Were all of these schools primarily in-person, hybrid, or virtual? Because if they were either virtual or hybrid, the state has deprived them of some key tools this year that likely contributed to last year’s success.
How many of these districts designated for an exit, are members of the TNDOE’s Best for All designation? Have they all signed on as participants in the state’s tutoring program All Corp tutoring program?
I’m not taking away anything from districts recognized by the list. Hell, I think anybody that showed up last year, and continues to show up this year, deserves recognition as a “Reward School”.
The bottom line is, assessments should not have been given last year. They provide no new pertinent information and no matter how “hold harmless” the intent was, the reality is, results were used to create a list of “winners” and “losers”. Something that was never the intent of lawmakers.
This morning another new announcement of recognition arrives from the TNDOE. In this case, it’s five districts – Bristol, Jackson, Lebanon, Milan, and Williamson – that have been named “Reading 360 Model Districts.” Wonderful news for these districts, but what exactly can they model for MNPS and Shelby County Schools? The department might as well have picked 5 districts from Maine for all it’s worth.
MNPS and SCS make up a little over 20% of all the students in Tennessee. Add in Chattanooga and Knoxville, and you are covering roughly a third. Yet the state can’t be bothered to designate a model that reflects their school experiences.
It’s also probably not coincidental that Jackson and Lebanon have adopted CKLA for curriculum, while the remaining three use Wit and Wisdom.
You get a car, you get a car, a car for you…no car for you.
PARENTS, PARENTS, WHO HAVE THE PARENTS
Turning an eye towards MNPS, at last week’s principal meeting Chief Mason Bellamy threw yet another challenge onto the shoulders of the district’s principals. MNPS recently announced the launch of a brand new spanking parent dashboard. Unfortunately for them, most recognize it for what it is – a slightly modified version of the long-running often problematic parent portal. As a result, few new parents are signing up.
In response, Bellamy proposed that all principals who manage to get over 60% of their parents signed up for the dashboard by October 6, will be permitted to make the October 8th in-service day, a work from home day for school-based staff. In case you were wondering, that’s the Friday before Fall break.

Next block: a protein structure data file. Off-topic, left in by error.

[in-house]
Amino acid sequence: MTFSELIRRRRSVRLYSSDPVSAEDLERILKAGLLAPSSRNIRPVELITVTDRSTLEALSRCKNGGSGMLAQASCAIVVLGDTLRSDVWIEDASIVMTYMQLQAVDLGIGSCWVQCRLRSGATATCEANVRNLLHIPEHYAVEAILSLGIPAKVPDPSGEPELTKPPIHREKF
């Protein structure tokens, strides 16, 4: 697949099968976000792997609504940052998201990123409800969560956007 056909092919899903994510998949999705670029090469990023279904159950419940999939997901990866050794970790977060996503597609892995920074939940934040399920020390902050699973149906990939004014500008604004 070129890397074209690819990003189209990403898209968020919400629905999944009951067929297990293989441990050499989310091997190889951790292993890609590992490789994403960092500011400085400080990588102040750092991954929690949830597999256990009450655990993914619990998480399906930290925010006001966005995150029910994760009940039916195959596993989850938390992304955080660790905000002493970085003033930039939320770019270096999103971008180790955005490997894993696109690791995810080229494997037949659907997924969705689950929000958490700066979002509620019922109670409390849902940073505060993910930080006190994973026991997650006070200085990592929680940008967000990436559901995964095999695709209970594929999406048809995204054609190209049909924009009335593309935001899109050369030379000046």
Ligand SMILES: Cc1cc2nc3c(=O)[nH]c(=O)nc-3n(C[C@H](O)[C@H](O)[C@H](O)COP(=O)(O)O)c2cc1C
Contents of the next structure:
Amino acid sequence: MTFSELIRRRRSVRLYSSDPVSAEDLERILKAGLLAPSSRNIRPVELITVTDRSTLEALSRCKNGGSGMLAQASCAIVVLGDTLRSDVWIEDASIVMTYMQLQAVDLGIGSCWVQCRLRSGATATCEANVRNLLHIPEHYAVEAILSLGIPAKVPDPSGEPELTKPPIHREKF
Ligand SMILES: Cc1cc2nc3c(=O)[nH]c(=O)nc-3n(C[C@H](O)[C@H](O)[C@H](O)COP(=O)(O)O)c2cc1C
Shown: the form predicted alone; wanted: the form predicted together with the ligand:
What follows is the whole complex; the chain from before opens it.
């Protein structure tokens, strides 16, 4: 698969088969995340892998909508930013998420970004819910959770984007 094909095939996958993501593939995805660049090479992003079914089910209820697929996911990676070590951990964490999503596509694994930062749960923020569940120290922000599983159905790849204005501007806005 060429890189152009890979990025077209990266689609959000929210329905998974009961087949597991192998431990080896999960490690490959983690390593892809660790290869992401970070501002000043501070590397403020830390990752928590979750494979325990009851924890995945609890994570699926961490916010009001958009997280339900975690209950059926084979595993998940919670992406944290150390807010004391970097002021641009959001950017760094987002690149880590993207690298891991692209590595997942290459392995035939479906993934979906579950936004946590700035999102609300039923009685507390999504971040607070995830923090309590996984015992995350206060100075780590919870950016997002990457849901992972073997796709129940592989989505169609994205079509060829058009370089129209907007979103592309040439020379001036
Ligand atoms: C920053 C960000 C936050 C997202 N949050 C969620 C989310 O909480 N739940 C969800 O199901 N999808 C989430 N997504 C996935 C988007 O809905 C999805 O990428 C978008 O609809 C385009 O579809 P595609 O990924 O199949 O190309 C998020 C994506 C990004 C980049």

Well Bellamy’s push for parent involvement may be commendable, I would maintain that the best way to get parents enrolled in the dashboard is to, a) make it sure it works properly, and to b) make sure it contains relevant information.
Many parents report problems with enrollment in the portal, and a month after the conclusion of MAP testing I’m still waiting for updated MAP scores. Grades from individual classes are seldom updated, though that’s not the fault of teachers. The district’s multiple platforms just don’t align, hence the continued inability to get progress reports out in a timely fashion.
I also question whether using remote days as a carrot is the proper message to send. Especially when the district is continually trying to convince parents that remote options are for safety. This also seems to send a perhaps unintended message that remote days are the equivalent of “easy days”. Not an honest assessment
Here’s an assignment for you teachers. Collect a few of your fellow teachers, and then email your Superintendent that the group of you would like to spend next Wednesday taking a walk in the woods together. Well if you get past the inability to find a sub – though I guess you could try former State Assistant Superintendent Emily Freitag because she’s called for all former educators to apply as subs, so maybe she’ll sub for you – I doubt your request would be met very warmly by your superintendent. But that’s what members of TOSS did this week as part of their 3-day convention. Not only did they spend the afternoon in the woods, but they proceeded to brag about it on social media.
Apparently, Superintendent Dyer ain’t a fan of me for sharing this photo as he blocked me on Twitter after I shared. The point here isn’t to shame anyone, but rather to more carefully consider the messages being sent to teachers. A lesson Mr. Dyer doesn’t appear open to.
I’d also politely suggest that closer inspection of the photo indicates another shortcoming of TOSS. Sometimes it’s not just who’s in the photo, but who’s not in the photo. Just saying.
Taking a moment here to wish a farewell to yet another member of Commissioner Schwinn’s leadership team. HR head David Donaldson is blowing this popsicle stand. Once a ubiquitous presence on Twitter, Donaldson became much less so over that past year. Word is that his farewell speech on a call with superintendents produced nary a dry eye in the house.
September 15th marks the beginning of Hispanic Heritage Month nationally. The mid-month start date was chosen by Congress in order to honor independence days in several Latin countries. In a district where students of Hispanic descent make up about one-third of the student population, it’s especially important for MNPS to recognize the month’s importance.
September is also Literacy Month in Tennessee, and in celebration Commissioner Schwinn has released another entry in her popular video series. In this one, she makes the assertation that the state of Tennessee is doing everything possible to make sure that all kids love reading and that we are doing everything to accelerate the learning process as fast as possible. Some noble goals but remember that fast doesn’t always equate to good and not every kid is going to love reading. It’s like a treasure chest we hope that when they open it they’ll partake, but even if they don’t want the treasure inside, they’ll still have the skills to access it.